Most people with the flu take care of themselves at home and do not seek medical care.
Certain high-risk groups of people are in danger of developing complications from the flu and should contact their doctors if symptoms develop:
Complications may develop with the flu. Seek care in a hospital's emergency department for the following developments. These symptoms may signify a more severe and complicated attack of flu—for example,sinus and ear infections, bronchitis, and the development of pneumonia. Pneumonia is an infection of the lungs, and it may be caused by the flu virus itself or by a bacterial infection that may occur when the person is weakened during a flu attack.
Caution: For children younger than 16 years with symptoms of flu or cold, aspirin is not recommended because it is associated with liver and brain damage (a condition known as Reye syndrome).
Steam inhalations may be useful in opening up a blocked nose and thus make breathing easier.
To create steam, boil water on the stove, remove the pot from the stove, then sit with a towel over your head and inhale the steam. The water should be hot, not boiling under your face. Use caution if you have asthma. You may enhance the decongestant effect of the steam by adding a half teaspoon of Vicks VapoRub, 1-2 drops of eucalyptus oil, or a few slices of ginger to the boiling water.
Another simple method is steaming up the bathroom by letting the shower run with hot water only. Inhaling the moisture in a steamy room can serve a similar purpose. Be careful, however, not to sit directly under the shower in order to avoid getting burned.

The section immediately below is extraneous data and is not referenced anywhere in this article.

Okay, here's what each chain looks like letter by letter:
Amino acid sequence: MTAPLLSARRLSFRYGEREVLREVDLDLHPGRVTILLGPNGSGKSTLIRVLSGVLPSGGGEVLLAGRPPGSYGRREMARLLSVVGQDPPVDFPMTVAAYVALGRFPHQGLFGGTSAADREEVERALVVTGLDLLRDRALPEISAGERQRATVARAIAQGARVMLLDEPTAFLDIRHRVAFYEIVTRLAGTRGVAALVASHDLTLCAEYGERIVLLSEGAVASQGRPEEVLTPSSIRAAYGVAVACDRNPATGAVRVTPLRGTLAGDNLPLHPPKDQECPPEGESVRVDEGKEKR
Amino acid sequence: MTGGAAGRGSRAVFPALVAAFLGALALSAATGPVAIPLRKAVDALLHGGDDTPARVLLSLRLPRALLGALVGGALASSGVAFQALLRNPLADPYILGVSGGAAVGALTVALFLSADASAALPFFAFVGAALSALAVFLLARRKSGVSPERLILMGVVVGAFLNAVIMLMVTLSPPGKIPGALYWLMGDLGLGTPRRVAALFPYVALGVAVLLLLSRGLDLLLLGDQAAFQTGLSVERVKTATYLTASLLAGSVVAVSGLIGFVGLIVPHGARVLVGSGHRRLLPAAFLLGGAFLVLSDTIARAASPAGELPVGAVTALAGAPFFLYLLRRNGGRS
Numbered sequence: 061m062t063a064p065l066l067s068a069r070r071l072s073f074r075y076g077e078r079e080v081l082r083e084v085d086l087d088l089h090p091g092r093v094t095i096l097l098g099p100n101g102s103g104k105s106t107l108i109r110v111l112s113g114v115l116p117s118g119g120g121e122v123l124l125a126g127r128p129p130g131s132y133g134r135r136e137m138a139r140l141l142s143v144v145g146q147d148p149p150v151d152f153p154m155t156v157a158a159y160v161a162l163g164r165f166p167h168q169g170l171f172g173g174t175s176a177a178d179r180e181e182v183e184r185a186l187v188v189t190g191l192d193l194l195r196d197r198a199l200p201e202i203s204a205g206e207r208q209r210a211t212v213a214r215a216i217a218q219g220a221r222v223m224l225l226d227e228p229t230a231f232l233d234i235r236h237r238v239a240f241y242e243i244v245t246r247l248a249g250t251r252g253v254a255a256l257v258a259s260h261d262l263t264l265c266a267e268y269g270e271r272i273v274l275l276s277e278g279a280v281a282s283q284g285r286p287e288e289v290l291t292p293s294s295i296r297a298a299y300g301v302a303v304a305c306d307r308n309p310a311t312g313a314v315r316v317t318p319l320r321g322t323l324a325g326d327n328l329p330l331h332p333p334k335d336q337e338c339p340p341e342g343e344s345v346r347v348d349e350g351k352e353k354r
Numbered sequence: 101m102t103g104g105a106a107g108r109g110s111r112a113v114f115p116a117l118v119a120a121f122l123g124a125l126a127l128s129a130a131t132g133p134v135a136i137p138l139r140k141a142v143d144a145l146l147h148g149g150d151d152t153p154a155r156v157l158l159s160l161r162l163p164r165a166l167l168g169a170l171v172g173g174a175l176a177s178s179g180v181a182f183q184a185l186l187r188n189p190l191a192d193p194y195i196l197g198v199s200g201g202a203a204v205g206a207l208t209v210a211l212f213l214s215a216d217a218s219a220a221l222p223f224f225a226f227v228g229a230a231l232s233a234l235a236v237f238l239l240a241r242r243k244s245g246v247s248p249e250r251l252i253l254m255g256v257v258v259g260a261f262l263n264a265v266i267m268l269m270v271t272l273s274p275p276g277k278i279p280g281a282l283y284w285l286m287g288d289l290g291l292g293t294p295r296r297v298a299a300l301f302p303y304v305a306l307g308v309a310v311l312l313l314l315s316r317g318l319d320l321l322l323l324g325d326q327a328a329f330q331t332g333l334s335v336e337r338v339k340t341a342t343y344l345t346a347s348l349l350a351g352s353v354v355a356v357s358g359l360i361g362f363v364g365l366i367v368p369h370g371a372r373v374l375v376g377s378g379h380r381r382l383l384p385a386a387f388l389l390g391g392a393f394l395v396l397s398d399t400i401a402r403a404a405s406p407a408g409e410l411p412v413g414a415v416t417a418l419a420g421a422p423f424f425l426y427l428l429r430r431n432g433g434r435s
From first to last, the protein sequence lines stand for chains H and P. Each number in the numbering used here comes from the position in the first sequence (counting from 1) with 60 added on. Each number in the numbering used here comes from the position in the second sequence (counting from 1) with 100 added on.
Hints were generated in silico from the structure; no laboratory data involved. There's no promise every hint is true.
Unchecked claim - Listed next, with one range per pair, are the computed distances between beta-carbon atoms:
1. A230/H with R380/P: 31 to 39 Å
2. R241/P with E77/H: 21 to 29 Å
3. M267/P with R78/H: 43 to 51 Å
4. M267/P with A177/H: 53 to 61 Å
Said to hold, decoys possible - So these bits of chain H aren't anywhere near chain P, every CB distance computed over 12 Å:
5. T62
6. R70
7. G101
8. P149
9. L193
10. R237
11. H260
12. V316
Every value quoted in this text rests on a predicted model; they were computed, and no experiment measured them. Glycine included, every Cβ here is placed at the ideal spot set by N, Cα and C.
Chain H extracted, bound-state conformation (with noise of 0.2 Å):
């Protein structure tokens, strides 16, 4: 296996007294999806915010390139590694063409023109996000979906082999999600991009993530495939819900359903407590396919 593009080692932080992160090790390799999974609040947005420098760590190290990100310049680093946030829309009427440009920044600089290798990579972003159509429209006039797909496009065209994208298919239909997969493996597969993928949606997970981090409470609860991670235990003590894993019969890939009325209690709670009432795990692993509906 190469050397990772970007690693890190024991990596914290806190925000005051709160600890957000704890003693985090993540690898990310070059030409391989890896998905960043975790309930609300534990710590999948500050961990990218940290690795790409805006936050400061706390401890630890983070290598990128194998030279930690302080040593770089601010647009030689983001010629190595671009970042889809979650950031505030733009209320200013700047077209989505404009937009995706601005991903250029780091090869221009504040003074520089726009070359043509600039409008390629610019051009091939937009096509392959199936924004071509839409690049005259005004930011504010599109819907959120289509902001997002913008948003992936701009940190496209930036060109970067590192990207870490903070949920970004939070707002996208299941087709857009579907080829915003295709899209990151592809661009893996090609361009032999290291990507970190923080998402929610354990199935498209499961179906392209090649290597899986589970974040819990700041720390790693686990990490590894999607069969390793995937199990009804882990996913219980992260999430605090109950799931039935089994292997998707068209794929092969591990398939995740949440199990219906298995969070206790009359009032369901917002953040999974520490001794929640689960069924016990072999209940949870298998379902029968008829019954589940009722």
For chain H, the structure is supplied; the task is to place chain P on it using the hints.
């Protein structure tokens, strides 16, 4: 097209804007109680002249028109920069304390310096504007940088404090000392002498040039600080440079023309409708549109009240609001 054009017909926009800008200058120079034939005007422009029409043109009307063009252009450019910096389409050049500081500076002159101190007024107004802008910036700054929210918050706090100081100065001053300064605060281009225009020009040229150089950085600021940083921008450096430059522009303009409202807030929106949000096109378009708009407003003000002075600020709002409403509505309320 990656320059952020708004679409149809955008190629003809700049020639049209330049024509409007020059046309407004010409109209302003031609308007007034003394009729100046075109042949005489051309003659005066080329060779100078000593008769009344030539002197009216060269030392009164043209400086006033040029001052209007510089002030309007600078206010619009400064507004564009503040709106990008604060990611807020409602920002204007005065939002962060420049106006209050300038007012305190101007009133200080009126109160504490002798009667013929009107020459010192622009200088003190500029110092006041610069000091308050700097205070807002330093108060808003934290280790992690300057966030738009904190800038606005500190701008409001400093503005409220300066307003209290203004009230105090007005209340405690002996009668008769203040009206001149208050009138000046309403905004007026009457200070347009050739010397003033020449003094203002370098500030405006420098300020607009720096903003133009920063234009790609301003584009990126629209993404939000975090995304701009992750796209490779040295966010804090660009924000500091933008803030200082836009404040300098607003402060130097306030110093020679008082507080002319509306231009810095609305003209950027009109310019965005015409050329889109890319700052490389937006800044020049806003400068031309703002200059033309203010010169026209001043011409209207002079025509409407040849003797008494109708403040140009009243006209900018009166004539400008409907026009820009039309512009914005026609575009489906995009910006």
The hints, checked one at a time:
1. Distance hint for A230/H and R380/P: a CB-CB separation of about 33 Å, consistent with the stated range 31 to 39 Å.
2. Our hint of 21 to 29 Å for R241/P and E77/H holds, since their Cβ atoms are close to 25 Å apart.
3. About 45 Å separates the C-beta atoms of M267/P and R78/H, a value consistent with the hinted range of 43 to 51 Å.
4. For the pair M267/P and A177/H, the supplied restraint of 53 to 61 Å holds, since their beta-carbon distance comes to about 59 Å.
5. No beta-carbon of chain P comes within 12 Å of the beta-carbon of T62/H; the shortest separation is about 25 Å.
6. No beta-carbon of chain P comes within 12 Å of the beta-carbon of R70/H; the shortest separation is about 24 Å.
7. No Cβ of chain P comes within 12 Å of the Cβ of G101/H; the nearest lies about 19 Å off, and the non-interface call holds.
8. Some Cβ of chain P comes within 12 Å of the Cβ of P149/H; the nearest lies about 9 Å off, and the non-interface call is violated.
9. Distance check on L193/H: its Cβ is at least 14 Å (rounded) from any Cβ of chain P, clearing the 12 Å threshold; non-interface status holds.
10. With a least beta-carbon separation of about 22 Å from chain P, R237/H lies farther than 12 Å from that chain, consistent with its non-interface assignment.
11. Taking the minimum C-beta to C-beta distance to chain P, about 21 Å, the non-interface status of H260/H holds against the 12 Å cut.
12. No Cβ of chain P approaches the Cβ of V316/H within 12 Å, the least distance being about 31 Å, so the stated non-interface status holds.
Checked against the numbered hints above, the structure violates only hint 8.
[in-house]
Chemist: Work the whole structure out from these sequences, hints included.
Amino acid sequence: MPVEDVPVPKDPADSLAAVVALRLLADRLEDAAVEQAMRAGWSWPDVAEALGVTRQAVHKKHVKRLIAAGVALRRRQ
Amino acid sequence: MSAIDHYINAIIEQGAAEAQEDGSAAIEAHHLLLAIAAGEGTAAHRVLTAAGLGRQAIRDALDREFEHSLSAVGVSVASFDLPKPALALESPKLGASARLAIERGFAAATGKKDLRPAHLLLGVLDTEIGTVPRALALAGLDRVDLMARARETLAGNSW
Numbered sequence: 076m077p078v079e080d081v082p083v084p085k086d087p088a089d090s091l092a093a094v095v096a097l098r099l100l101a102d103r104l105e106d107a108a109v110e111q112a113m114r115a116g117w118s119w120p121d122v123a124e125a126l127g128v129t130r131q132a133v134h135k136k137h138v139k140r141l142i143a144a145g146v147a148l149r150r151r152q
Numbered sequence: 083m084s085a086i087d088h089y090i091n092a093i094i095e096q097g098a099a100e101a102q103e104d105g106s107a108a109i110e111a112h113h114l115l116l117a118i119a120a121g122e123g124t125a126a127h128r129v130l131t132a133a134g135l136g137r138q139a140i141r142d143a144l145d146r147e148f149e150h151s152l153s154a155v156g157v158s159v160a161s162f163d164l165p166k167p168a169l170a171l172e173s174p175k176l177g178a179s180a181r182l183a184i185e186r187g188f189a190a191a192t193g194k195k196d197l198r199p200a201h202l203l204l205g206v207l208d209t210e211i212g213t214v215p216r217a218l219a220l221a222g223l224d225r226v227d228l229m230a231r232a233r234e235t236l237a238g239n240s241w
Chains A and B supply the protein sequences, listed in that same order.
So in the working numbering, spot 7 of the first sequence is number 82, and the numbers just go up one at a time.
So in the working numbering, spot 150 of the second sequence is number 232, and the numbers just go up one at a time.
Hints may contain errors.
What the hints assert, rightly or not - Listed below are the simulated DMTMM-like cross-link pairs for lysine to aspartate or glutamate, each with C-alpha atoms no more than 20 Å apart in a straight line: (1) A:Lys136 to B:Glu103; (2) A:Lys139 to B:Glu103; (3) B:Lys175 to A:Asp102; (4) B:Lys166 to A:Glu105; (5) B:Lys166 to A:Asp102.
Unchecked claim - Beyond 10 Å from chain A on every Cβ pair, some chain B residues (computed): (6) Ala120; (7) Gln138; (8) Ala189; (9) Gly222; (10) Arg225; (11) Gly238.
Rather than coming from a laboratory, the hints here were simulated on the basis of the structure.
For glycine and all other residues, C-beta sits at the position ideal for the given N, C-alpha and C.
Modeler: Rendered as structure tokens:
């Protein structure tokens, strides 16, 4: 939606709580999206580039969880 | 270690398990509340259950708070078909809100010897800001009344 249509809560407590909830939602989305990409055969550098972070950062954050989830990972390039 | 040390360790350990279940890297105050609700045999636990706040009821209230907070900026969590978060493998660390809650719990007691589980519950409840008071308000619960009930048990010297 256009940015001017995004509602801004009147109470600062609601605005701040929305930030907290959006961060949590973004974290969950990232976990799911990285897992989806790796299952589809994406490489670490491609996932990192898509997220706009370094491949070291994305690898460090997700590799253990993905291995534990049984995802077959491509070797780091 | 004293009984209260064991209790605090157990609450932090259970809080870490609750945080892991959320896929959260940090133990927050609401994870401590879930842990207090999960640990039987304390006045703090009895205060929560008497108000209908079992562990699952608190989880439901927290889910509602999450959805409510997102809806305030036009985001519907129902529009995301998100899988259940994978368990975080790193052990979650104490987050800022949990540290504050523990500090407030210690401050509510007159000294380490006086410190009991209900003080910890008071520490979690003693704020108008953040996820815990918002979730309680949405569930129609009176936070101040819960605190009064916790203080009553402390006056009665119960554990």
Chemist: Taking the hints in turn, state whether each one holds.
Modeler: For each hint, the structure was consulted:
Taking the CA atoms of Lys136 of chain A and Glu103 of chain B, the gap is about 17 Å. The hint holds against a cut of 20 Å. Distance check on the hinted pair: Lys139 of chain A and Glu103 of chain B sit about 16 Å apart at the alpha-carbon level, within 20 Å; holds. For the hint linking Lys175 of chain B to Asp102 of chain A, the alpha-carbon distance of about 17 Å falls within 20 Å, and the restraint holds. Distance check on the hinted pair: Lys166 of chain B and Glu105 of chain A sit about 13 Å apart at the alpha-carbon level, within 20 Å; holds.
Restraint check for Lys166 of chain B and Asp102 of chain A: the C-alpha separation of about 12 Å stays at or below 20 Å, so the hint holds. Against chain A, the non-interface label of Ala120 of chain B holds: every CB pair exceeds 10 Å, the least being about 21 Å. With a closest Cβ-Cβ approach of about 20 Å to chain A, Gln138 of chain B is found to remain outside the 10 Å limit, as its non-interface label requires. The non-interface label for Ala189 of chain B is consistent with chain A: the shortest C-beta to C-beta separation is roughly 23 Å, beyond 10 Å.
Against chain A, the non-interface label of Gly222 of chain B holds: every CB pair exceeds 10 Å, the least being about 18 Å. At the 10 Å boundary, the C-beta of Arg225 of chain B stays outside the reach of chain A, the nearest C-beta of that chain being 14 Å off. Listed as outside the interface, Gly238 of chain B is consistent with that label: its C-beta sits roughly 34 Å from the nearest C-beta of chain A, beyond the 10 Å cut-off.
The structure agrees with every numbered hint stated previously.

Avoid touching hard surfaces where flu viruses may remain alive: handrails, telephones, doors, faucets, and counters. Wash your hands often, especially after being in public places or at work.
Cough and sneeze into a soft tissue or handkerchief. Carefully dispose of soft tissues after using them.
Stay away from people who have the flu, if possible.
Generally, no follow-up is needed for most flu cases unless fever or cough returns along with other new symptoms, which could signal a complication.
The best means of preventing the flu is getting an influenza vaccination. Two types of vaccines are available. One is the injectable vaccine made from inactivated virus, known as the flu shot. The other is a live attenuated, or weakened, virus that is squirted into the nose. The flu shot contains only killed influenza viruses A and B. The shot is given in the upper arm once every year during the fall, prior to flu season. Immunity to the flu virus develops after about 2 weeks. Thus, the best time to get a flu shot is from October to mid November.
Because of substantial vaccine distribution delays during previous influenza seasons and the possibility of similar delays in the future, it is recommended that anyone at high risk for complications from the flu get a flu shot in September. This same group of people can even get the vaccine in December and throughout the flu season.
The vaccine is effective in about 70-90% of those who get the shot, especially in older people. Not only does it decrease the risk of getting flu infection, but it can also decrease the number of visits to a doctor's office, hospitalizations, and risk of death from the flu virus.
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